Six men on dog sledges are in the record books for being the first to reach the geographic North Pole on April 6, 1909: Four Inuit guides named Egingwah, Ooqueah, Ootah, and Seeglo, and two long-time partners in exploration named Matthew Henson and Robert Peary. For decades, top credit for the accomplishment was given to Peary, but this National Geographic video explains why “the first person to stand on top of the world” was Henson. From National Geographic:
“The results of the first observation showed that we had figured out the distance very accurately, for when the flag was hoisted over the geographical center of the Earth it was located just behind our igloos,” Henson wrote.
The party had indeed reached the North Pole. But the question remained who had arrived there first. “I was in the lead that had overshot the mark by a couple of miles,” Henson was quoted in a newspaper article upon their return. “We went back then and I could see that my footprints were the first at the spot…”
With a difference of a few hours at most it would be reasonable to give Peary and Henson equal credit for having reached the North Pole together as a team. But the racially divisive climate of time would not give an African-American man the same standing in the public eye for the accomplishment of such a monumental feat of human achievement. Peary was the recognized discoverer of the Pole while Henson was relegated to the role of trusty companion. Despite Henson’s indispensable contributions to their efforts for almost 20 years he received very little acknowledgment.
“The son of two freeborn black sharecroppers,” Matthew Henson was born in 1866 and traveled the world as a cabin boy from age 11. In 1887, he joined Peary and became an accomplished explorer. From National Geographic:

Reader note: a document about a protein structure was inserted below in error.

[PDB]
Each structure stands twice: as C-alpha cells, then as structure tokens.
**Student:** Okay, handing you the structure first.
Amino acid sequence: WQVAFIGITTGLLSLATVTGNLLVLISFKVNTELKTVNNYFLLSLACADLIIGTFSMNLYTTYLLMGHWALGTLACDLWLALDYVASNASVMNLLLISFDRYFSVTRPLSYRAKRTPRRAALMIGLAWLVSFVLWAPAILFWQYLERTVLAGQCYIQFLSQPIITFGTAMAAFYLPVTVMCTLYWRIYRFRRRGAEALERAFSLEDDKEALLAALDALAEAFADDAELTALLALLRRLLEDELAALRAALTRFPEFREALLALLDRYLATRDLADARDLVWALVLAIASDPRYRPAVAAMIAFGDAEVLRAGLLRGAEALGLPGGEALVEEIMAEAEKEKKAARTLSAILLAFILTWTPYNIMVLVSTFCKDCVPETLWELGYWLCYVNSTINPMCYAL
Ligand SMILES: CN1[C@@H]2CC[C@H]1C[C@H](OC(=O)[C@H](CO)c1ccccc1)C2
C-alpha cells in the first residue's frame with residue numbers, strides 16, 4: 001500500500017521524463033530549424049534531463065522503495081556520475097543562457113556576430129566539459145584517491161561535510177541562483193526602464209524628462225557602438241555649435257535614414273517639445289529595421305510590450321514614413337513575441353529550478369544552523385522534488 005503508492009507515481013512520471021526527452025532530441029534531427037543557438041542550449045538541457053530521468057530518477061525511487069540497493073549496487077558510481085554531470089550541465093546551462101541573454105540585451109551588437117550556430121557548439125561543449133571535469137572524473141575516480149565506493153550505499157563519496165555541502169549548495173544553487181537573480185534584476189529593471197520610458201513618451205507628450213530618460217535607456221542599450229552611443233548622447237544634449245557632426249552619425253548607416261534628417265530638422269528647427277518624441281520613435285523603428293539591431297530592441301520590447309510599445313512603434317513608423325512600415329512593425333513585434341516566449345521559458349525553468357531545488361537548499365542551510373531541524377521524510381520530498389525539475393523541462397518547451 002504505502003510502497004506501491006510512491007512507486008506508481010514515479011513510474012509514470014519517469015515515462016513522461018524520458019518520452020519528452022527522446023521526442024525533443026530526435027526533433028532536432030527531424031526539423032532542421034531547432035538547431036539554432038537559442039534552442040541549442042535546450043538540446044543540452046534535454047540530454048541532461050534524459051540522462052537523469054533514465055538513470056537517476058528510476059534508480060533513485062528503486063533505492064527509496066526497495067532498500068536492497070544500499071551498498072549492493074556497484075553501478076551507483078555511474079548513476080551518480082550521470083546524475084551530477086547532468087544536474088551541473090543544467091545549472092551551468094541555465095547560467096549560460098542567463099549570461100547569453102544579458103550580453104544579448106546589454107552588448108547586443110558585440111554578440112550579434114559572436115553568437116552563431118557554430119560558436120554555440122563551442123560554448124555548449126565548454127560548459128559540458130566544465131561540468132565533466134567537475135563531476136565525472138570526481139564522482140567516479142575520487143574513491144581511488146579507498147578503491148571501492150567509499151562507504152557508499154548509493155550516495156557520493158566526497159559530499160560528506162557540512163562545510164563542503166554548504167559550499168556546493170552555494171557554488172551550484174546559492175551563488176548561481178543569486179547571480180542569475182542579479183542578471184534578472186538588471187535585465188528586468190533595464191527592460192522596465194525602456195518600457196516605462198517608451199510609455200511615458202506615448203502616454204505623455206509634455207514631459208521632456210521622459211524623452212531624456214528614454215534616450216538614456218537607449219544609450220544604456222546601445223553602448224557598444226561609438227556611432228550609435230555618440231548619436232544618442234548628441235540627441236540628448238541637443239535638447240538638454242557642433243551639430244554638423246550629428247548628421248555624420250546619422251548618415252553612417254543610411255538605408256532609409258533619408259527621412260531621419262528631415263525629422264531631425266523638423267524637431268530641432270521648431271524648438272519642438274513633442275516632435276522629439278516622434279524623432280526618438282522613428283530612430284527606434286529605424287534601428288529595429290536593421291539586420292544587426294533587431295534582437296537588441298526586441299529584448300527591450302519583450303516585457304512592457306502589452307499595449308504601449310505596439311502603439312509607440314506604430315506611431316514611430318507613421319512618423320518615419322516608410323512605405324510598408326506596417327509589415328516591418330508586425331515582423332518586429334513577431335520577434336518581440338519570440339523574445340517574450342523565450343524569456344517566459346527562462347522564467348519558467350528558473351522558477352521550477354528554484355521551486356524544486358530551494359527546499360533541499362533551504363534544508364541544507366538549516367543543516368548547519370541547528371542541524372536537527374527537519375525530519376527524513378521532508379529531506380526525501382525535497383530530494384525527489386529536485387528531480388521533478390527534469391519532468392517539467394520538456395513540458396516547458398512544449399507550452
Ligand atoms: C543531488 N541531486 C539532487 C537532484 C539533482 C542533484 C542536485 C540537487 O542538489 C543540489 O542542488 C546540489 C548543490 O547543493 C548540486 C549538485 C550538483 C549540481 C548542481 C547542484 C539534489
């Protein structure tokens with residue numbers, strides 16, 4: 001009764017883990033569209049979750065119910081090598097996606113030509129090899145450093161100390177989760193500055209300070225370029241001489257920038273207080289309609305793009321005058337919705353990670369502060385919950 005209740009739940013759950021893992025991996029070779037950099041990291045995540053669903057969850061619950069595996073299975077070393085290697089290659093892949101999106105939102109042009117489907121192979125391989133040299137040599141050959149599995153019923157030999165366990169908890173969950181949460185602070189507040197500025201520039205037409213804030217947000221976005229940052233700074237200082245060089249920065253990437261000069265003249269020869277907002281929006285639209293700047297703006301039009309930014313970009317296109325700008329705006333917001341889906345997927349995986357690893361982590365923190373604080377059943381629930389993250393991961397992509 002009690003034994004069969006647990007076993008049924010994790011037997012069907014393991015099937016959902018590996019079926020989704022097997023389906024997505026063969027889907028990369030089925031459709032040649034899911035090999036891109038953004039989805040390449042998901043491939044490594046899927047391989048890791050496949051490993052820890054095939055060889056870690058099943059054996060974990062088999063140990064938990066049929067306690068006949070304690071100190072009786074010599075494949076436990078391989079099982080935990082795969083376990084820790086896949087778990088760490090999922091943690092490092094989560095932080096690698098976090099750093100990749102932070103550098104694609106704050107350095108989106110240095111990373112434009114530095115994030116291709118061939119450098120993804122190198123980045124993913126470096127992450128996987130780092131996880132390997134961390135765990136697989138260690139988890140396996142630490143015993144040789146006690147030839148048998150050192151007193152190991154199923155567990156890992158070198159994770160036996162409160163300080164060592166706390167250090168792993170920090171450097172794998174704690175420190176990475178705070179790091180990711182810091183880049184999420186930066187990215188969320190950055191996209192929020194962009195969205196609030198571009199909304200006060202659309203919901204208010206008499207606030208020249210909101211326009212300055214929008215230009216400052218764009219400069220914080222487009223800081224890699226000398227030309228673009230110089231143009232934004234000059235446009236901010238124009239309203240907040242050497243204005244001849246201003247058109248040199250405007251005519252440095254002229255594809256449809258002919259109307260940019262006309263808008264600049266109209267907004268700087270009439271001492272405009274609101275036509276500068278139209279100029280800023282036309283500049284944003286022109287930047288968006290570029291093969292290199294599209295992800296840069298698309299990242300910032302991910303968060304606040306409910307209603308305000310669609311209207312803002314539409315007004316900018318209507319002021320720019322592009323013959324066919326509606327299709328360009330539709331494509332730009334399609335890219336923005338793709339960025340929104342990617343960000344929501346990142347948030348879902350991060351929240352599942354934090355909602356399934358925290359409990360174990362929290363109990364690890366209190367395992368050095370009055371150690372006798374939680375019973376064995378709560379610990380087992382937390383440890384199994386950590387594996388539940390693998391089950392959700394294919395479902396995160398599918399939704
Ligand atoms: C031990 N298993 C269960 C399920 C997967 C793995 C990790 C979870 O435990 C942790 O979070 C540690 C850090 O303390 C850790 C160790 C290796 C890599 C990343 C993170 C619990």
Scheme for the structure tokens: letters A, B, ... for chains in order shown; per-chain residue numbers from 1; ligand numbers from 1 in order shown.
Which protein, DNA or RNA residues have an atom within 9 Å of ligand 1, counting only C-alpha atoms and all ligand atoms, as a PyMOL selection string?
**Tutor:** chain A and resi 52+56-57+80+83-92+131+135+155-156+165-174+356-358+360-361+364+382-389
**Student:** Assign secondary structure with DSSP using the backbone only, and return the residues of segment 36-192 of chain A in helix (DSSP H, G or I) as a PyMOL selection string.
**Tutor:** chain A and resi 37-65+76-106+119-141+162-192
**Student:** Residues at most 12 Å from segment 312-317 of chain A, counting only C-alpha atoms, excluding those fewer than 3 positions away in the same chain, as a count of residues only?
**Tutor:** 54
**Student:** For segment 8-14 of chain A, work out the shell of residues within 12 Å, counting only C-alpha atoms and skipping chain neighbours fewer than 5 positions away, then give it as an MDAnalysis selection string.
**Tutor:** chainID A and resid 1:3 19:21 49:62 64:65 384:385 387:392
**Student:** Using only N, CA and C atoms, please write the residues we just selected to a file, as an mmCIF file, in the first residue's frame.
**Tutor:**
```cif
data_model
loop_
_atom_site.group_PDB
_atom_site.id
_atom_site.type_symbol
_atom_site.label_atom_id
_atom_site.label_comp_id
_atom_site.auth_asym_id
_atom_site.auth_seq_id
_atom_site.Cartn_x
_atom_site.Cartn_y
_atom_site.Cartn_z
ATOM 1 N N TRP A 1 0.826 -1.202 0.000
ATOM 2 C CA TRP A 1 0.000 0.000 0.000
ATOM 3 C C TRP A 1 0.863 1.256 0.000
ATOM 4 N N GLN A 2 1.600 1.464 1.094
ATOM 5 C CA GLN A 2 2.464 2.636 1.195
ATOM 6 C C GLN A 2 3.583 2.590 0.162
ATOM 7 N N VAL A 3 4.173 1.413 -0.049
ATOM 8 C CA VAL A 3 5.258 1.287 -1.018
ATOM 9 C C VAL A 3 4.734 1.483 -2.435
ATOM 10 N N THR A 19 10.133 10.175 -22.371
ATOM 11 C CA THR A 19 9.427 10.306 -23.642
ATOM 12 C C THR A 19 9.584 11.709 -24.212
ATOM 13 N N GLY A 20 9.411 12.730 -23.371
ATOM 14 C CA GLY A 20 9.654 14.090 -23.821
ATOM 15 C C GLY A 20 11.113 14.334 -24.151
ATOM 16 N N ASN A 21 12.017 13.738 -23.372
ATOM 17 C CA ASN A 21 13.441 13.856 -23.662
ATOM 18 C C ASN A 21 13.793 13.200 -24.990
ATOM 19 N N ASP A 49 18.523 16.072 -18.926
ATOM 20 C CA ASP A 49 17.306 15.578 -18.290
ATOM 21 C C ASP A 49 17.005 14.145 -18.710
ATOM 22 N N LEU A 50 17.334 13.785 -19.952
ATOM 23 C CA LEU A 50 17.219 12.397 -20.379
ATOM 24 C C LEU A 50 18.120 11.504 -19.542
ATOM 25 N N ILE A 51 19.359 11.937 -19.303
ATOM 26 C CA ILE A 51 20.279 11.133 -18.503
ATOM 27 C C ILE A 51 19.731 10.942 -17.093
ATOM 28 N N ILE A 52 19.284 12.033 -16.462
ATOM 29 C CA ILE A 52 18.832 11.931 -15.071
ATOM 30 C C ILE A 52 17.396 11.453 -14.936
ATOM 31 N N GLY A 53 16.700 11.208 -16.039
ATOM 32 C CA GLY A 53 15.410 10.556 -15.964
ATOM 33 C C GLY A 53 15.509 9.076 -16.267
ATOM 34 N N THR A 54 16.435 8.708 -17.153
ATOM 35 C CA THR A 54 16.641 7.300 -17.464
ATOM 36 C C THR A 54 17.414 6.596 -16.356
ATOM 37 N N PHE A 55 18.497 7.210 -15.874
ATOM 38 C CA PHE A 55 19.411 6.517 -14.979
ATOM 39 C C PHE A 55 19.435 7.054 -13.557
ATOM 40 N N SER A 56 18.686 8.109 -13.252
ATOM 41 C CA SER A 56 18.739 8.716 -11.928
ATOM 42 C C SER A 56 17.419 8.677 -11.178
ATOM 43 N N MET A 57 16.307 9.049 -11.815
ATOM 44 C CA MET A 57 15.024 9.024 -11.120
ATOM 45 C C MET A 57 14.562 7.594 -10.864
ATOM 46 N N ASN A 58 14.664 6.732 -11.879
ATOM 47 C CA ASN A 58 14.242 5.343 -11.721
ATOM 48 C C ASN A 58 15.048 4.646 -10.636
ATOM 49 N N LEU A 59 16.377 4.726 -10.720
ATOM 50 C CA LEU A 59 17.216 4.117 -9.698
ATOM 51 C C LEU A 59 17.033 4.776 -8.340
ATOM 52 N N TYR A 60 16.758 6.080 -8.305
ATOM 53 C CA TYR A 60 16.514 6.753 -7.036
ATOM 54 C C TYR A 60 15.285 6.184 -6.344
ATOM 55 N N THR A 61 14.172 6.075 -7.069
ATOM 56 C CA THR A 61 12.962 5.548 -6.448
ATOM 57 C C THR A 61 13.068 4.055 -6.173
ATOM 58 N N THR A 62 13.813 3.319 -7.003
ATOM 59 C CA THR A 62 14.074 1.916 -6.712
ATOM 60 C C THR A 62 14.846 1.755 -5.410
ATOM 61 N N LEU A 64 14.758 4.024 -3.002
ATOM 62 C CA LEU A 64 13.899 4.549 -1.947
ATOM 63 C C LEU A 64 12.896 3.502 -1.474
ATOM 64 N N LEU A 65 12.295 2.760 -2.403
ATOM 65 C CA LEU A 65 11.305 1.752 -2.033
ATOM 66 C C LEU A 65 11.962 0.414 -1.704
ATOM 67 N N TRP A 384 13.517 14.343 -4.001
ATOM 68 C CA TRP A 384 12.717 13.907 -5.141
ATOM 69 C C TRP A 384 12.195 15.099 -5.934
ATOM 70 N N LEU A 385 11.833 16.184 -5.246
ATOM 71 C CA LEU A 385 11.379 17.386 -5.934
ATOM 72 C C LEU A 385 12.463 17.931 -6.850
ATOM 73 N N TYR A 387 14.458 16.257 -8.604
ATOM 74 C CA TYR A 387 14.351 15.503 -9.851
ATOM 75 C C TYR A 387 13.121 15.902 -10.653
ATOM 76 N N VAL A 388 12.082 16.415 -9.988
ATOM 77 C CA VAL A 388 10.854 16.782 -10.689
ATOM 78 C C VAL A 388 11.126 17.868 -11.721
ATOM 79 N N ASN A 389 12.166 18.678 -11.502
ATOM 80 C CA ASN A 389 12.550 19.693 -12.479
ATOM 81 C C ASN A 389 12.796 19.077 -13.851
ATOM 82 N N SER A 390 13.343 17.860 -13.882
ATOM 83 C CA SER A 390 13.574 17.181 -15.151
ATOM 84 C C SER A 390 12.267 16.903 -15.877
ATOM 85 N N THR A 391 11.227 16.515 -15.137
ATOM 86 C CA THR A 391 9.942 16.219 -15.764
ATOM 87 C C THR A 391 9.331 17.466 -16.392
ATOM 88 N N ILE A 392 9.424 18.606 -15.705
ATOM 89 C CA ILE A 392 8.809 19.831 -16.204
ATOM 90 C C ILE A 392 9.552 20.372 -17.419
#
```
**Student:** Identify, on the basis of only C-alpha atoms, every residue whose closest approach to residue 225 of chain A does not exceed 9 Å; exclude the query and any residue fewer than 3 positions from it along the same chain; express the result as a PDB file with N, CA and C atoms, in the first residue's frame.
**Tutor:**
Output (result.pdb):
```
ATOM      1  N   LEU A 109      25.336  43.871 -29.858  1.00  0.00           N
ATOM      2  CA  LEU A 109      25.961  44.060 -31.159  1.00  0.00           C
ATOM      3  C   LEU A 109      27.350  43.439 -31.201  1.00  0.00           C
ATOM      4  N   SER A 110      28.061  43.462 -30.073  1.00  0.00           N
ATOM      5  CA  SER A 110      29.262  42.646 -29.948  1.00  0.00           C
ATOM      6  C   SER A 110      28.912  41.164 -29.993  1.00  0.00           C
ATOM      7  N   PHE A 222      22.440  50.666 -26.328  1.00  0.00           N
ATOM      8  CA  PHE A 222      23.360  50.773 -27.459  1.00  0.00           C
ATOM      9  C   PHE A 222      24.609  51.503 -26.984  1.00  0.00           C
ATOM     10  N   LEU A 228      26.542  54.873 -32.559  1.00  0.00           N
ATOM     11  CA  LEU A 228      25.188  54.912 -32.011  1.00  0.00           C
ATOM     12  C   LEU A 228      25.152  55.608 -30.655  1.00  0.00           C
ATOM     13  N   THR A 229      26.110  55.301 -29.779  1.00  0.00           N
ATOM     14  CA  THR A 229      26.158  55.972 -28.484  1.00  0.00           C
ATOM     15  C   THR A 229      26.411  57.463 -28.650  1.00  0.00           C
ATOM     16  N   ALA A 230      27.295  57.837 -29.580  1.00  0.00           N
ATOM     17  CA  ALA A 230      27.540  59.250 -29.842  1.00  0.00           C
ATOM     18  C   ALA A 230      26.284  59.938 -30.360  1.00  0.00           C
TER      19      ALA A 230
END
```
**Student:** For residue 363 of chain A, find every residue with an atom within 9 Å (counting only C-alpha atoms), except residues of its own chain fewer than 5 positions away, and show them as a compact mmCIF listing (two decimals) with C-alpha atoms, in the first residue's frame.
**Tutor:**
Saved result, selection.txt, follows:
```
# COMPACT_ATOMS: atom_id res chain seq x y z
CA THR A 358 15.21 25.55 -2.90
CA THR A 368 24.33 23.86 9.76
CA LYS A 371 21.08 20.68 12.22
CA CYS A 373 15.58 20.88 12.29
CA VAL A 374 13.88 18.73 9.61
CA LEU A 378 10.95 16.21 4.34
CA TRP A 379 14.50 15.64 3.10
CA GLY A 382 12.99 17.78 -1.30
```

Henson was the front man in the field. With his skills as a carpenter and craftsman, Henson personally built and maintained all of the sledges used on their expeditions. He was fluent in the Inuit language and established a rapport with the native people of the region. He was known by all he encountered as “Matthew the Kind One.” Henson learned the methods the Inuit used to survive and travel through the incredibly hostile landscape of the Arctic…
Henson was a very capable hunter, fisherman, and dog handler. And it was he who trained even the most experienced of Peary’s recruits on each of the eight attempts they made to reach the North Pole.
Read more about his life in The Legacy of Arctic Explorer Matthew Henson. See more photos in this slideshow: Historic Photos Celebrate Pioneering Black Explorer. Read more about the expedition in a reissue of his 1912 memoir: A Journey for the Ages: Matthew Henson and Robert Peary’s Historic North Pole Expedition.
Watch more videos about exploration and two more adventurous firsts: Bessie Coleman, The First Female African American Pilot and Dr. Mae Jemison, NASA Astronaut: I Wanted To Go Into Space.
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